UN Special Rapporteur on extrajudicial killings Asma Jahangir’s call came in a report released today on her team’s two-week investigation of the deaths and displacement in Darfur in the west and the Shilook Kingdom in the south in June.The expert held an open meeting of representatives of Darfur’s Arab and African militias in Khartoum. According to the report, both sides acknowledged that the Government had given them weapons, but had given the Arabs more.”It appeared that the distribution of arms to these tribes and the amounts distributed was common knowledge,” she writes.The National Armed Forces are the country’s main defence, but the Government is empowered to recruit volunteer Popular Defence Forces (PDF) to assist regular forces. A senior PDF officer in El-Fashir “assured me that it would not be difficult to disarm the PDF as the Government kept records of the arms distributed and was formally in command of the PDF,” Ms. Jahangir says.The slow pace of the Government’s response to its own citizens’ cries for help for many years showed either “complete disrespect for the right to life,” especially in Darfur, or, “at worst, complicity in the events,” Ms. Jahangir observes.The conflict between the Government and both African areas – in the south and west – had a common factor. “In both rebellions, economic grievances are a factor and similar tactics are often used by the Government in its response, notably sponsoring militias (apart from the defence forces) to fight the rebels and, more distressingly, to terrorize and kill civilians suspected of supporting the rebels,” she concludes.Citing evidence of “large-scale extrajudicial, summary and arbitrary executions,” she recommends a series of measures, including steps to end the culture of impunity prevailing in Sudan.After having held talks in Khartoum, the three states of Darfur and Upper Nile State, as well as in Nairobi, Kenya, and Cairo, Egypt, she sent Sudan’s Permanent Mission to the UN a copy of her findings. The Government failed to offer a response, according to the report.Her report was released just before a UN spokesman announced that the Sudanese Government had finalized an agreement reached earlier this week between its Foreign Minister, Osman Ismail, and the senior United Nations envoy to the country, Jan Pronk, to disarm the militias.Ms. Jahangir says many of the people she interviewed recalled that the cries for help from Darfur had gone out for several years. Clashes between Arab nomads and sedentary African farmers since the droughts of the 1970s and 1980s were noted by a previous UN rapporteur in 1997.”They reportedly only flared up to attain their present magnitude after the Government of Sudan became involved, carrying out military operations against civilians through its armed forces, including the Popular Defence Forces, and sponsoring militias, including from some ethnically Arab tribes,” Ms. Jahangir says.”A large number of people whom I met had a strong perception that the Government was pursuing a policy of ‘Arabization’ of the Sudan, and, in particular, the Darfur region. Allegedly, those of Arab descent seek to portray themselves as ‘pure’ Muslims, as opposed to Muslims of African ethnicity,” she adds.For all of Sudan’s conflicts, a comprehensive, just and transparent peace process that takes these grievances into account is needed, she says. read more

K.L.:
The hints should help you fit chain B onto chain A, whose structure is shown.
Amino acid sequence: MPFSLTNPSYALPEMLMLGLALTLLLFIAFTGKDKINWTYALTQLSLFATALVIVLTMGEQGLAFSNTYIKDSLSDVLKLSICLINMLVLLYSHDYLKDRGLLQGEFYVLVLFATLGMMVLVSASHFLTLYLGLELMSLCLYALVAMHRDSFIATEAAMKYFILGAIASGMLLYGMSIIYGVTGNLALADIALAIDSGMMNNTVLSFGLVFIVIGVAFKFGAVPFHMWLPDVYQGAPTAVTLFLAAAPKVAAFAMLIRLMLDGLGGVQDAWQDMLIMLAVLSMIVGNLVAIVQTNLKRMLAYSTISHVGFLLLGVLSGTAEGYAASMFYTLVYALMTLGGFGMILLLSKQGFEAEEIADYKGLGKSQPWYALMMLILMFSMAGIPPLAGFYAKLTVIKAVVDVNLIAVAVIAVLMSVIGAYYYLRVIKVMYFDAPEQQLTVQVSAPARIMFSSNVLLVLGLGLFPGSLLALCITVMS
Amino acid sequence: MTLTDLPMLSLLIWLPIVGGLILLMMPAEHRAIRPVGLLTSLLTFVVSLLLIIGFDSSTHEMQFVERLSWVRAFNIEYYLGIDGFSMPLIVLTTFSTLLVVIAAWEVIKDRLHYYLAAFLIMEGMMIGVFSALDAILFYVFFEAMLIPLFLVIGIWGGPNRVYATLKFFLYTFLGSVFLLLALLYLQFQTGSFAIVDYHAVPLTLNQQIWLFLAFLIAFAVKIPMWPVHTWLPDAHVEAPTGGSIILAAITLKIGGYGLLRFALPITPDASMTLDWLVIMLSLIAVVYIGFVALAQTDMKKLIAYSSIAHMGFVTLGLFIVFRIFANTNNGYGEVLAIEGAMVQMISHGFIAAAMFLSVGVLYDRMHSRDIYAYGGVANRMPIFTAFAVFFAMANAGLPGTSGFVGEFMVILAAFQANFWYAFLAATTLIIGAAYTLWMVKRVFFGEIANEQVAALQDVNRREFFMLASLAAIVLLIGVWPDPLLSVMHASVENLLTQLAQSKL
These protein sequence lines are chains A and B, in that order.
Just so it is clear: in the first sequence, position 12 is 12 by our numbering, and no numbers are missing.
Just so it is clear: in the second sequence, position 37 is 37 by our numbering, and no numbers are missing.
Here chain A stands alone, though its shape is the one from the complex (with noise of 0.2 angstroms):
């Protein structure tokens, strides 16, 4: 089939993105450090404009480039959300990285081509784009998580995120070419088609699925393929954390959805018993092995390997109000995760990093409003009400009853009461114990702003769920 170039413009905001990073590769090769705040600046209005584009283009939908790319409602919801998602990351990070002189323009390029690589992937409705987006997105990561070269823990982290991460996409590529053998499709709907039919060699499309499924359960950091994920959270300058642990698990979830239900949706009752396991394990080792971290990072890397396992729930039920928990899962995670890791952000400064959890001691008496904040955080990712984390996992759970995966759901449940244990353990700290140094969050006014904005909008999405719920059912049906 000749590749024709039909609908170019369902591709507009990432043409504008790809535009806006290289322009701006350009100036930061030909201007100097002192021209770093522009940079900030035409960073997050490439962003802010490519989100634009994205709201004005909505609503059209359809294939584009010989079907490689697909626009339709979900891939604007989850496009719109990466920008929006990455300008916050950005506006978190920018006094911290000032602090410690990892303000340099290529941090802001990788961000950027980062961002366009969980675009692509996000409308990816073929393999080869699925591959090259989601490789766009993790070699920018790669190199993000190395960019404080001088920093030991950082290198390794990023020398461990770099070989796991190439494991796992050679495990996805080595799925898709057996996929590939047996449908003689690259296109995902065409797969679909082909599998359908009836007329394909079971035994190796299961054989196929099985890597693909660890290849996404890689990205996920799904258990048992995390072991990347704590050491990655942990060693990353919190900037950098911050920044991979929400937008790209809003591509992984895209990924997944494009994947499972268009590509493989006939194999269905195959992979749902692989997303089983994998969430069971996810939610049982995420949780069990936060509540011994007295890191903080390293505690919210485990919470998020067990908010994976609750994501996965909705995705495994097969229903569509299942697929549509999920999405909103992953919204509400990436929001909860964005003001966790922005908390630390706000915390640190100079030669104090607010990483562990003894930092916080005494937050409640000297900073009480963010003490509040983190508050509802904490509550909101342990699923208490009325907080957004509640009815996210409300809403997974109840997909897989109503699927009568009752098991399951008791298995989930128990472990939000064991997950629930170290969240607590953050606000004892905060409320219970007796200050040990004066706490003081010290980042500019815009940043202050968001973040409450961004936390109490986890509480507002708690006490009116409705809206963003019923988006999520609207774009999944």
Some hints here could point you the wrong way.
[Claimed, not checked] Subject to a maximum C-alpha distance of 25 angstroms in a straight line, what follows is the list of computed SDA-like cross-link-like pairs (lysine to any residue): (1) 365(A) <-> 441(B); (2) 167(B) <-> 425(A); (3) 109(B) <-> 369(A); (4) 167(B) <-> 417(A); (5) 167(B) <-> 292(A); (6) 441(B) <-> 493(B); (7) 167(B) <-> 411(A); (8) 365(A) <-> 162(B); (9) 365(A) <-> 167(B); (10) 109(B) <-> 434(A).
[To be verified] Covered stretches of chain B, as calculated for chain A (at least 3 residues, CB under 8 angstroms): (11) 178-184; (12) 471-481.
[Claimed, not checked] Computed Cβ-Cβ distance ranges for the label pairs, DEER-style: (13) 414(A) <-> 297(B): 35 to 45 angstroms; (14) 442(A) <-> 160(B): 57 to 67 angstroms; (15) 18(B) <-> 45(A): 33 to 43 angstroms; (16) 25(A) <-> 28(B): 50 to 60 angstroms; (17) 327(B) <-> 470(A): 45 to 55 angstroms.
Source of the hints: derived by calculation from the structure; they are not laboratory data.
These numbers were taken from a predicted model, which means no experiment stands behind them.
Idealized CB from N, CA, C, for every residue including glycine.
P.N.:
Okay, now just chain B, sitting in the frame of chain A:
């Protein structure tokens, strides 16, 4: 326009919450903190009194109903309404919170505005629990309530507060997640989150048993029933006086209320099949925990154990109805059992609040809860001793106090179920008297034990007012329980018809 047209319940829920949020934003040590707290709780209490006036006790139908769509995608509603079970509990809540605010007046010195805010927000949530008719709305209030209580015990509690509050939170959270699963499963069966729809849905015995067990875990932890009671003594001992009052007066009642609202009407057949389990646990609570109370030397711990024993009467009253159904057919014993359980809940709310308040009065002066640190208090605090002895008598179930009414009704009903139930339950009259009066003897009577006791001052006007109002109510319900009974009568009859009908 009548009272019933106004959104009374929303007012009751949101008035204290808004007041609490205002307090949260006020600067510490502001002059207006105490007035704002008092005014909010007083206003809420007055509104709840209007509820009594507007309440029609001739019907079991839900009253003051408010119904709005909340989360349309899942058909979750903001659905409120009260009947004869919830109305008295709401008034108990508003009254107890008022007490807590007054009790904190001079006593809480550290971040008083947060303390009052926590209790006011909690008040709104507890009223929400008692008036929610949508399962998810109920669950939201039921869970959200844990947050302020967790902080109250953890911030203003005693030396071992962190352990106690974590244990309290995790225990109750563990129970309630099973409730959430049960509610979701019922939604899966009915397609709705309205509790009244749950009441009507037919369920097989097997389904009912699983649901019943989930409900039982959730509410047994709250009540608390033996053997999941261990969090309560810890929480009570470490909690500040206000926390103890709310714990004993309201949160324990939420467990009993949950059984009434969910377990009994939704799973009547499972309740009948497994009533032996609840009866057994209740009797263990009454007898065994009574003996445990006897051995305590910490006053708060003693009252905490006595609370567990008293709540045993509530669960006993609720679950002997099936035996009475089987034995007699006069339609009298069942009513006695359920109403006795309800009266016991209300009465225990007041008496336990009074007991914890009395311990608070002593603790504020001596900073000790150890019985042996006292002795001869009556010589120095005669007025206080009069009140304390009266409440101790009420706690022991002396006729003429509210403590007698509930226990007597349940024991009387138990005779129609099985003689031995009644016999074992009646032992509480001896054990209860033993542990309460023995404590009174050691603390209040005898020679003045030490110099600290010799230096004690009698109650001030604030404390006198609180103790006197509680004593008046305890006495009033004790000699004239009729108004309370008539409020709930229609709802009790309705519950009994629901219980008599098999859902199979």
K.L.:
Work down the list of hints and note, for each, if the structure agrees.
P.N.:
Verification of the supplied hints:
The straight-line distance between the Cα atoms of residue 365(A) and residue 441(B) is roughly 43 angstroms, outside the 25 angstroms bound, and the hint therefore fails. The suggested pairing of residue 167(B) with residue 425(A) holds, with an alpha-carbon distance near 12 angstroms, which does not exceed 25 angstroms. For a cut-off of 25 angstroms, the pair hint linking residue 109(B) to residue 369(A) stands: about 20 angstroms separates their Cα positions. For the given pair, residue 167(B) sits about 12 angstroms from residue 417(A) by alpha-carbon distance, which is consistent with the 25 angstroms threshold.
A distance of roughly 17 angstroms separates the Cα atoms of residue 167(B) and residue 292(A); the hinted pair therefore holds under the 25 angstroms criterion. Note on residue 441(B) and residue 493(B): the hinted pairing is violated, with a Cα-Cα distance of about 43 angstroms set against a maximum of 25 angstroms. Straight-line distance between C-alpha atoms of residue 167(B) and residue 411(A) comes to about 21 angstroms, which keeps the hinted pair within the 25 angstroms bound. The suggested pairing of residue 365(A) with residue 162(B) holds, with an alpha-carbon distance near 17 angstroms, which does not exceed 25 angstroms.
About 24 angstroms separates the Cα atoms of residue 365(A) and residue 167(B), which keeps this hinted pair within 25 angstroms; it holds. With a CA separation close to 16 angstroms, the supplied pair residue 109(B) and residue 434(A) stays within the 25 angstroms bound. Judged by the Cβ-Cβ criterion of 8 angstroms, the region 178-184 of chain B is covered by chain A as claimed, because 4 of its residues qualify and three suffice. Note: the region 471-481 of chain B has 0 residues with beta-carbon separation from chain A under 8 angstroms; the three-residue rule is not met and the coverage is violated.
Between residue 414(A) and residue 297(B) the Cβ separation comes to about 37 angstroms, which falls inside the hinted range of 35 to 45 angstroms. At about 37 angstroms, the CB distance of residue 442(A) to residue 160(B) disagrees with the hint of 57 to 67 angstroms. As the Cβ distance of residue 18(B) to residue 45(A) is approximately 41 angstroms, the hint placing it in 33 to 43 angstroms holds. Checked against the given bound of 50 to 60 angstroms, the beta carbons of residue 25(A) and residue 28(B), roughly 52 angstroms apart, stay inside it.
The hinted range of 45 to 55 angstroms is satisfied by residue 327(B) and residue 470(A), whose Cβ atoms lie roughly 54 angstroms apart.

Queen Elizabeth Is longlost skirt to go on display after being found